Sánchez inherited the political conundrum when he took office in 2018, not a year after the leaders of Catalonia’s government and separatist grassroots groups failed in a unilateral breakaway bid that violated the Spanish Constitution.
In a bold move to reduce tensions, the Socialist leader took the decision in June to pardon the nine imprisoned instigators of the 2017 secession attempt. Both the pardons and the talks have been heavily criticized by Spain’s right-wing parties.
Spain PM in Barcelona to reopen Catalan separatist talks
Spanish Prime Minister Pedro Sanchez visits Barcelona Wednesday to resume dialogue with Catalonia's separatist leadership on resolving the political crisis triggered by the region's 2017 failed independence bid. "I will lead this negotiation on behalf of the Spanish government," Sanchez said late Monday, confirming he would meet Catalan leader Pere Aragones on September 15 for talks on the region's political situation. Since the crisis of"I will lead this negotiation on behalf of the Spanish government," Sanchez said late Monday, confirming he would meet Catalan leader Pere Aragones on September 15 for talks on the region's political situation.
Now, heading into the meeting in Barcelona, Sánchez said that he would insist on finding ways to improve the economic and social wellbeing of Catalans, while firmly denying any separatist claims to sovereignty.
Aragonès has insisted that the only issues on the table are the possibility of Spain authorizing a referendum on independence, and a general amnesty of all those separatists in trouble with the law.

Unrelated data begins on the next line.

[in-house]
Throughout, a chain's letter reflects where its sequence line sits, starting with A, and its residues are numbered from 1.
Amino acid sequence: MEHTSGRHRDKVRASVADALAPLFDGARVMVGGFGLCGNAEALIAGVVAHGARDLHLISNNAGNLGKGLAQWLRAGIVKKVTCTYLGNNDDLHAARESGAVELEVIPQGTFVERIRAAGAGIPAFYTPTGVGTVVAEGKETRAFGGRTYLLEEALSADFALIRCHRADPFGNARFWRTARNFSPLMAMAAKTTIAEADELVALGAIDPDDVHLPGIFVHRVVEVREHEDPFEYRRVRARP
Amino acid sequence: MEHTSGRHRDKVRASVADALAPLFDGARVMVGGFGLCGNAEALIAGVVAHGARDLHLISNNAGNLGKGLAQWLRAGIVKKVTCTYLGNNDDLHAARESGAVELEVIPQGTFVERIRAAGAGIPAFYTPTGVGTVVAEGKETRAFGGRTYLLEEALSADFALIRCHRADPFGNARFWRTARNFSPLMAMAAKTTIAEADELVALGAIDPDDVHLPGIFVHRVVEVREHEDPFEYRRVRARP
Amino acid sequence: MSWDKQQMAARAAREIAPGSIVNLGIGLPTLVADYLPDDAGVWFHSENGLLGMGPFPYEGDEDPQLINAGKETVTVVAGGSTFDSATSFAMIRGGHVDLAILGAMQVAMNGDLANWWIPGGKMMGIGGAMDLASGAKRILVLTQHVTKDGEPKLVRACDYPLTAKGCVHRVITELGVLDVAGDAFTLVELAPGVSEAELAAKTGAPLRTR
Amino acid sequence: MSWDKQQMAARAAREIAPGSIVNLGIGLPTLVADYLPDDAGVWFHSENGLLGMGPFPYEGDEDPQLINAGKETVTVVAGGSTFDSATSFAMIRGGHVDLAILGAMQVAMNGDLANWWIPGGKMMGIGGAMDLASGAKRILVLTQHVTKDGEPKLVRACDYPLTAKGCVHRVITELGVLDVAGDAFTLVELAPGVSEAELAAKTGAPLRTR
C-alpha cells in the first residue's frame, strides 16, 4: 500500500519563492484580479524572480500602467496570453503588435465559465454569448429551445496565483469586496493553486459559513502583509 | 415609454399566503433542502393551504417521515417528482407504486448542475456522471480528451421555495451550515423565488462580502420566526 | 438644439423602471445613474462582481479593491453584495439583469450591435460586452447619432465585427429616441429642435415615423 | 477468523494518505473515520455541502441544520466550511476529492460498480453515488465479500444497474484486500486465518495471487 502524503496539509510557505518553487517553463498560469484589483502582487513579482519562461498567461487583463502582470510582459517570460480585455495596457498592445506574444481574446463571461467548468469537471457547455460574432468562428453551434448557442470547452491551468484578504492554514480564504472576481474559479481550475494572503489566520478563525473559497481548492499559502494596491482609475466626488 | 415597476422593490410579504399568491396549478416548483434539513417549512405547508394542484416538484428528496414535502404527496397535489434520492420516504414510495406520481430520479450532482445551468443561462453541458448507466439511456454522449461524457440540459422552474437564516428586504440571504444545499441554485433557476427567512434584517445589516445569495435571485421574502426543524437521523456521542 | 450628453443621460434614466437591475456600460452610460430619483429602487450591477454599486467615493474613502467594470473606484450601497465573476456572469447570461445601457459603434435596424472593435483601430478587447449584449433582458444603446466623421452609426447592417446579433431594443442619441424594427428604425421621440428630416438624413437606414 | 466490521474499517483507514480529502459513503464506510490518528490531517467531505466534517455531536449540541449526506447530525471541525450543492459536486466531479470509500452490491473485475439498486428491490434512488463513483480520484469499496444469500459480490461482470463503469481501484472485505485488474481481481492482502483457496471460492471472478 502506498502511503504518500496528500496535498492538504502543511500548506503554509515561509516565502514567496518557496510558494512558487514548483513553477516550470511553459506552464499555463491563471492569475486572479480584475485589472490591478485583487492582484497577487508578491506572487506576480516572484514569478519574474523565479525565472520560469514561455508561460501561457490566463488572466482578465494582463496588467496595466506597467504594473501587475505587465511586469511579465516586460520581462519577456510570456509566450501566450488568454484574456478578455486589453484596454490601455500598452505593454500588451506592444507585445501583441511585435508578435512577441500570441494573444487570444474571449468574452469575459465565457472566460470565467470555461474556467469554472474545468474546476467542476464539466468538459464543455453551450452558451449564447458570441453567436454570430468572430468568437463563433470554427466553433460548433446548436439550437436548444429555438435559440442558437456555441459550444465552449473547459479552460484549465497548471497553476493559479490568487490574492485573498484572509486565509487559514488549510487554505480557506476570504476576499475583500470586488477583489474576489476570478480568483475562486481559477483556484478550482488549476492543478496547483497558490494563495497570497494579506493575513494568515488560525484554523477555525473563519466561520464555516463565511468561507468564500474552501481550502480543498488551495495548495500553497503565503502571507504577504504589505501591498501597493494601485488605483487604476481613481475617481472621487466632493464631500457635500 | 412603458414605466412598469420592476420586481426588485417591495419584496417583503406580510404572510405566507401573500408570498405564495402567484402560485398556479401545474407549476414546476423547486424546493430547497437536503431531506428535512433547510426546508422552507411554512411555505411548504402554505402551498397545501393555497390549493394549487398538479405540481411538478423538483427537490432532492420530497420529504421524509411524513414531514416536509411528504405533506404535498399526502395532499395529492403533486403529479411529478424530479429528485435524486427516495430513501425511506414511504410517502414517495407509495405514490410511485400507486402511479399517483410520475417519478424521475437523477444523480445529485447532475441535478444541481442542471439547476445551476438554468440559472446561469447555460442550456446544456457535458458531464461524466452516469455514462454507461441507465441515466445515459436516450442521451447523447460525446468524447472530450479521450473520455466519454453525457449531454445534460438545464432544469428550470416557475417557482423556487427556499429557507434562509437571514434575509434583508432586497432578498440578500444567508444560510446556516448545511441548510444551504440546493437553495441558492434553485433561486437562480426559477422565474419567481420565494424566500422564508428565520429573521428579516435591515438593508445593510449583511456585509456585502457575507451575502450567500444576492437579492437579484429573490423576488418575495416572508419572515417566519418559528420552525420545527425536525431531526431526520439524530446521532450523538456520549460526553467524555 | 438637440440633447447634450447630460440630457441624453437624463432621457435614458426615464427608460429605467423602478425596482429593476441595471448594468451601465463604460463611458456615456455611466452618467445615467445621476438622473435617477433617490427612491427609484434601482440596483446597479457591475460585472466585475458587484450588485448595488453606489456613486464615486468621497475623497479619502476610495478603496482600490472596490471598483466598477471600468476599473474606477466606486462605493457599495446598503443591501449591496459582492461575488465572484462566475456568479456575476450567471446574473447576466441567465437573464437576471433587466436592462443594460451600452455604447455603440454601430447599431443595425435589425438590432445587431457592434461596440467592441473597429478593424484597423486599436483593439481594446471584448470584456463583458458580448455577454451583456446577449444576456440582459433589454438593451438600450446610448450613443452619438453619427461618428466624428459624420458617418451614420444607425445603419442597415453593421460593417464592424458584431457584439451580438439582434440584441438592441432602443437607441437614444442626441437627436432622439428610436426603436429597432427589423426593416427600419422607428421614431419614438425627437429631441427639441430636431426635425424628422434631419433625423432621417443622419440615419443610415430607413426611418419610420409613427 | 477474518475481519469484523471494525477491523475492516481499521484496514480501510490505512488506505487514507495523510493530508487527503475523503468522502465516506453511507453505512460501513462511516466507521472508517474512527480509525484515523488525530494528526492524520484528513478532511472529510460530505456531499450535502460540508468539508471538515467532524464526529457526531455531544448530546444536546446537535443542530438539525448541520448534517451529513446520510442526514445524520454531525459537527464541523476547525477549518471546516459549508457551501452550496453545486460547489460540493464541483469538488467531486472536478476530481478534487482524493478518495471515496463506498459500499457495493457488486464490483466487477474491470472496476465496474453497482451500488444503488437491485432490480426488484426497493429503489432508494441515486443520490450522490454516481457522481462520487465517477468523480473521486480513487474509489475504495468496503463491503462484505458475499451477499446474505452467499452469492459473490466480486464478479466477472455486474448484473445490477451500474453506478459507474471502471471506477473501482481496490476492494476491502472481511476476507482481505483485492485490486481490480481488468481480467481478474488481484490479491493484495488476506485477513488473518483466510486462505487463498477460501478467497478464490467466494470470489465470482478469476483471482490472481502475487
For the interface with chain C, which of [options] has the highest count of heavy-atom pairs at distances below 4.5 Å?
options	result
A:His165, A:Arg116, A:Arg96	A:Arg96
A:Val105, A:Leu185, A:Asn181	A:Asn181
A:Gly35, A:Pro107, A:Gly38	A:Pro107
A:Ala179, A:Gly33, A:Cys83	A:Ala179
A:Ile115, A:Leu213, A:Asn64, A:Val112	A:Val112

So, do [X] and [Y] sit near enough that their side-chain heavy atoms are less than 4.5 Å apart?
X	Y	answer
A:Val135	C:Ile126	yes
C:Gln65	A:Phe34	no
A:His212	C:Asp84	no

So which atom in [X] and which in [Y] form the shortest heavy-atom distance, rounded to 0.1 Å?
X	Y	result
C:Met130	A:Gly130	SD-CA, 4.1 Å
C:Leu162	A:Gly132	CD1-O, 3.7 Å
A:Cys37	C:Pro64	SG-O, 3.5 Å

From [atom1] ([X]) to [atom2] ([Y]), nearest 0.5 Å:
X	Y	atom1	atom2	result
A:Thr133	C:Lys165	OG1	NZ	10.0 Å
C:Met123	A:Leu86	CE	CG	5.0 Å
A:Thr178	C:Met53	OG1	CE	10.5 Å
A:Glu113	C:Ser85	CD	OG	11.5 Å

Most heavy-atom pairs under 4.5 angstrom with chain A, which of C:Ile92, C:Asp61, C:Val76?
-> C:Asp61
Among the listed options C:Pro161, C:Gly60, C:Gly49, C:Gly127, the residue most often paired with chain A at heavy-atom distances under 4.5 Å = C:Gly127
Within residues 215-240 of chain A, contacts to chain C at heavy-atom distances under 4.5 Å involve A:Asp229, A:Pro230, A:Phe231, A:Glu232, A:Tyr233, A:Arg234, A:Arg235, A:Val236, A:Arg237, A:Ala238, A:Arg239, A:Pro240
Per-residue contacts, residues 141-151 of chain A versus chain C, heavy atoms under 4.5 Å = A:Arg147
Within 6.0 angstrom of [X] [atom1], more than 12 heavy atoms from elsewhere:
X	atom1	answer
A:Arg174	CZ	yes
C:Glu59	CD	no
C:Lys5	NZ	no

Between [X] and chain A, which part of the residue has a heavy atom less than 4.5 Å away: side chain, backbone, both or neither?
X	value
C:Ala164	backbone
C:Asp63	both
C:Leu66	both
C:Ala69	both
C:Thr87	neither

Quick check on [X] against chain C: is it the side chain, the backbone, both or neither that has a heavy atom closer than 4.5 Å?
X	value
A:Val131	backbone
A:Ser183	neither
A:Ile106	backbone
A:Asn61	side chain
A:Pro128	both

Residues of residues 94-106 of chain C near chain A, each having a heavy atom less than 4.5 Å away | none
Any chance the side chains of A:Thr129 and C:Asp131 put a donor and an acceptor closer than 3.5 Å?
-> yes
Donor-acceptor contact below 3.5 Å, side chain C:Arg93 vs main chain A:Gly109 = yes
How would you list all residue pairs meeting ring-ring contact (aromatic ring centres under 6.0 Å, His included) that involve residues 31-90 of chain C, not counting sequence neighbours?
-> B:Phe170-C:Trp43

After years of scant dialogue between Catalonia’s leaders and Spain’s then ruling conservatives, Sánchez met with Aragonès’ predecessor, Quim Torra, in February 2020 in Madrid. The outcome of that meeting was to agree to hold meetings once a month. But those were put on hold by the pandemic, which struck Spain just weeks after.
Volcano erupts on Atlantic island; lava destroys some homes
LOS LLANOS DE ARIDANE, Spain (AP) — A volcano on Spain’s Atlantic Ocean island of La Palma erupted Sunday after a weeklong buildup of seismic activity, prompting authorities to evacuate thousands as lava flows destroyed isolated houses and threatened to reach the coast. New eruptions continued into the night. © Provided by Associated Press Lava flows from an eruption of a volcano at the island of La Palma in the Canaries, Spain, Sunday, Sept. 19, 2021.
Catalan leader Puigdemont strolls in Sardinia after release .
ALGHERO, Sardinia (AP) — Catalan separatist leader Carles Puigdemont took a leisurely walk Saturday in Sardinia, waving to supporters on the Italian island a day after a judge freed him from jail pending a hearing on his extradition to Spain to face sedition charges. Puigdemont, a member of the European Union's parliament who previously served as president of Spain's restive Catalonia region, attended a Catalan cultural festival and had a meeting scheduled later Saturday with the region's current president and deputy.